A journey with a difference: Step aboard ARB’s four Icon 4WDs and see the Outback like we’ve never seen it before.
The keys jingle as they fly through the air, clanging into my palm. I can’t help but feel the grin spread across my face. The keys are smooth and worn, like someone has taken a fine grit sandpaper to them. There’s no fancy buttons or logos; they’re just keys. I know what they’re for… the 1976 FJ40 in the car park. It’s not every day you get to jump into an old LandCruiser in Alice Springs, and start heading south. But, this isn’t every day.
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It’s a simple one, really. ARB is marking its 40th anniversary with a bang. Sam Boden, ARB’s marketing communications manager, told me that plenty of ideas were thrown around for the 40th birthday – but the idea of finding and kitting out four iconic 4WDs, and setting them off on a huge trip through prime Australian Outback and desert country, was the one that stuck.
From that an idea blossomed into what we have in front of us… the ARB Off-Road Icons. A final selection of four 4WDs was settled upon (no easy feat, I’m told). Then, it was the simple (yet time-consuming) task of finding, fixing, re-fettling and accessorising them. Then there’s the trip, which is another matter entirely…
From a sagely four decades to a spritely 20 years old, the ARB Icons all represent fairly important and often pivotal changes in the Australian 4X4 scene. At the very least, they are all iconic. Three diesels, one petrol. One ute, one two-door and two full-sized wagons. They all sport live axles, and all are well capable of tough long-range touring with their additional bolt-ons. The very cool and interesting thing with these Icons is that despite their age, all of the gear you see on these units is still available from ARB… even the bordering-on-antiquated gear on the 40-Series.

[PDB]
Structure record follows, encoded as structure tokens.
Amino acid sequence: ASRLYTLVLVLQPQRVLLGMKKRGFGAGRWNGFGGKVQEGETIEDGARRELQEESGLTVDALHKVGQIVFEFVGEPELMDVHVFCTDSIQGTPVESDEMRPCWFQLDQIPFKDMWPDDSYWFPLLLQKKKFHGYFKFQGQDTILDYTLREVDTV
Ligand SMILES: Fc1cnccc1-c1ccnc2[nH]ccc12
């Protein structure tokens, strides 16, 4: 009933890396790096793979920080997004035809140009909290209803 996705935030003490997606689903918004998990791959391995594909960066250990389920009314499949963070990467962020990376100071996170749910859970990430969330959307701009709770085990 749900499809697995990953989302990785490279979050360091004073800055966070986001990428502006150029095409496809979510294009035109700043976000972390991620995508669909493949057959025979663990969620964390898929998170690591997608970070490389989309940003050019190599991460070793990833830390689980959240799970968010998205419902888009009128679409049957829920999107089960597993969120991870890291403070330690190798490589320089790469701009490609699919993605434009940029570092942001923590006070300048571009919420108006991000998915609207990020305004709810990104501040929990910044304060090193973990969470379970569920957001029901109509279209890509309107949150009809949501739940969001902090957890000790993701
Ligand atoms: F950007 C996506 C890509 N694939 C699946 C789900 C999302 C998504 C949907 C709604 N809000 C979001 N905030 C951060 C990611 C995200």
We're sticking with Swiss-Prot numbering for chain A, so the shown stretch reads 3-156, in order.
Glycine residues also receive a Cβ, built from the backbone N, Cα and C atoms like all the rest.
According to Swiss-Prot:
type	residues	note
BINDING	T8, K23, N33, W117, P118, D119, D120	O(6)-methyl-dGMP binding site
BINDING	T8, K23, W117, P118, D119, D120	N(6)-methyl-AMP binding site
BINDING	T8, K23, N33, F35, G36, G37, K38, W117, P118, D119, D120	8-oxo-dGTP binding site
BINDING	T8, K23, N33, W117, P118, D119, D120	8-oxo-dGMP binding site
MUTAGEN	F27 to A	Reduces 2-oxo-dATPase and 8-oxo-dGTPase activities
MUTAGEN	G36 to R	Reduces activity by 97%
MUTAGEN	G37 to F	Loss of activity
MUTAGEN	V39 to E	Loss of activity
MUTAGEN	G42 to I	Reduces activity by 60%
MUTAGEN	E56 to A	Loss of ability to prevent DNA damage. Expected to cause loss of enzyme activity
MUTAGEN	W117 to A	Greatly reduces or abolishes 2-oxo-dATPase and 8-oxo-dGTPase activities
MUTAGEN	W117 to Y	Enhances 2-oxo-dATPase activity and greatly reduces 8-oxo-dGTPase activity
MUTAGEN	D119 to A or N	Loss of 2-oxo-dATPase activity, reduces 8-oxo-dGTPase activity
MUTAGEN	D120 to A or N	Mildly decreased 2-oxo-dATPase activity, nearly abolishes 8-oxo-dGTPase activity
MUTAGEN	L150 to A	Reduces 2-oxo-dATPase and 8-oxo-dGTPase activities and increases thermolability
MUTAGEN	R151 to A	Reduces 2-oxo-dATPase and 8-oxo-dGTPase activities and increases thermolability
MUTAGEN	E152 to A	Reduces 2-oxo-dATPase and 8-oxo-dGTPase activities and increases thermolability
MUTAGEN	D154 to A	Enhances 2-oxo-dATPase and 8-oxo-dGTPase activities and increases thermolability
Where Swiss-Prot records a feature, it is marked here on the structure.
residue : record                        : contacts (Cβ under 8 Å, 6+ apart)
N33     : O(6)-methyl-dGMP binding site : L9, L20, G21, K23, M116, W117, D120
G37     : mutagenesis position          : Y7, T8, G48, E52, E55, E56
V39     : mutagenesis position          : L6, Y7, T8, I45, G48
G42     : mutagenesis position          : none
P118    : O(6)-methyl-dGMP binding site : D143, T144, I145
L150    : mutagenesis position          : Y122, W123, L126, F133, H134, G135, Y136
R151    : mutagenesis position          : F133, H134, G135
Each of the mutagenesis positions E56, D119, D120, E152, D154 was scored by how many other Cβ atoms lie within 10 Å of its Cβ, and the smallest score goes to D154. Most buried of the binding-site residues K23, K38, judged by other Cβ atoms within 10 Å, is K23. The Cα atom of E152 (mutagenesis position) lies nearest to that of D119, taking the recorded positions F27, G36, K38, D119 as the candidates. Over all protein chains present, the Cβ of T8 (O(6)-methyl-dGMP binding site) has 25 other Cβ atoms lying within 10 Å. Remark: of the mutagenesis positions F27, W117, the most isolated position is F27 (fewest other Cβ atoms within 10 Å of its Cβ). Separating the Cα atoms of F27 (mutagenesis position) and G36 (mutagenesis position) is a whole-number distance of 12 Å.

The FJ40 – 1976
This would have to be my favourite Icon, only because it is so much fun. The 4.2-litre 2F petrol powerplant, whilst thirsty, is surprisingly smooth and has plenty of torque. The FJ40 rides much better than you’d imagine with the OME suspension and a fair bit of weight on board, but you do need to be a bit judicious with the storage space. Dust and water got in aplenty, but I didn’t care. I was too busy having an absolute ball.
The GQ Patrol – 1990
What a hulking beast this thing is. I hadn’t driven a TD42-powered Patrol a whole lot before this trip, so I was really keen to see what everyone gets so excited about. With an aftermarket Safari Turbo kit bolted onto this powerplant, it really is a great motor. A fairly moderate tune still gives you a great midrange kick, whilst that natural torque is still there by the bucketload. It’s a great engine for mowing down the kays and long-range touring, and it is also a pleasure in the low-speed stuff. The GQ’s long wheelbase and big body give tonnes of storage, and the suspension setup is both capable and comfortable.
The Defender 110 – 1995
You might not tell by looking at it, but the Defender is actually the youngest of the group here. And when you say Icon, the shape of the Defender (along with the 40-Series) is the first thing that pops into my mind. It’s a 4X4 at its most pragmatic… and idiosyncratic. 2.5 litres of turbocharged and intercooled diesel power does a great job at boosting this brick with wheels along, giving you one of the best platforms for long-range touring out there. That’s if you don’t mind the bumps, rattles and noises.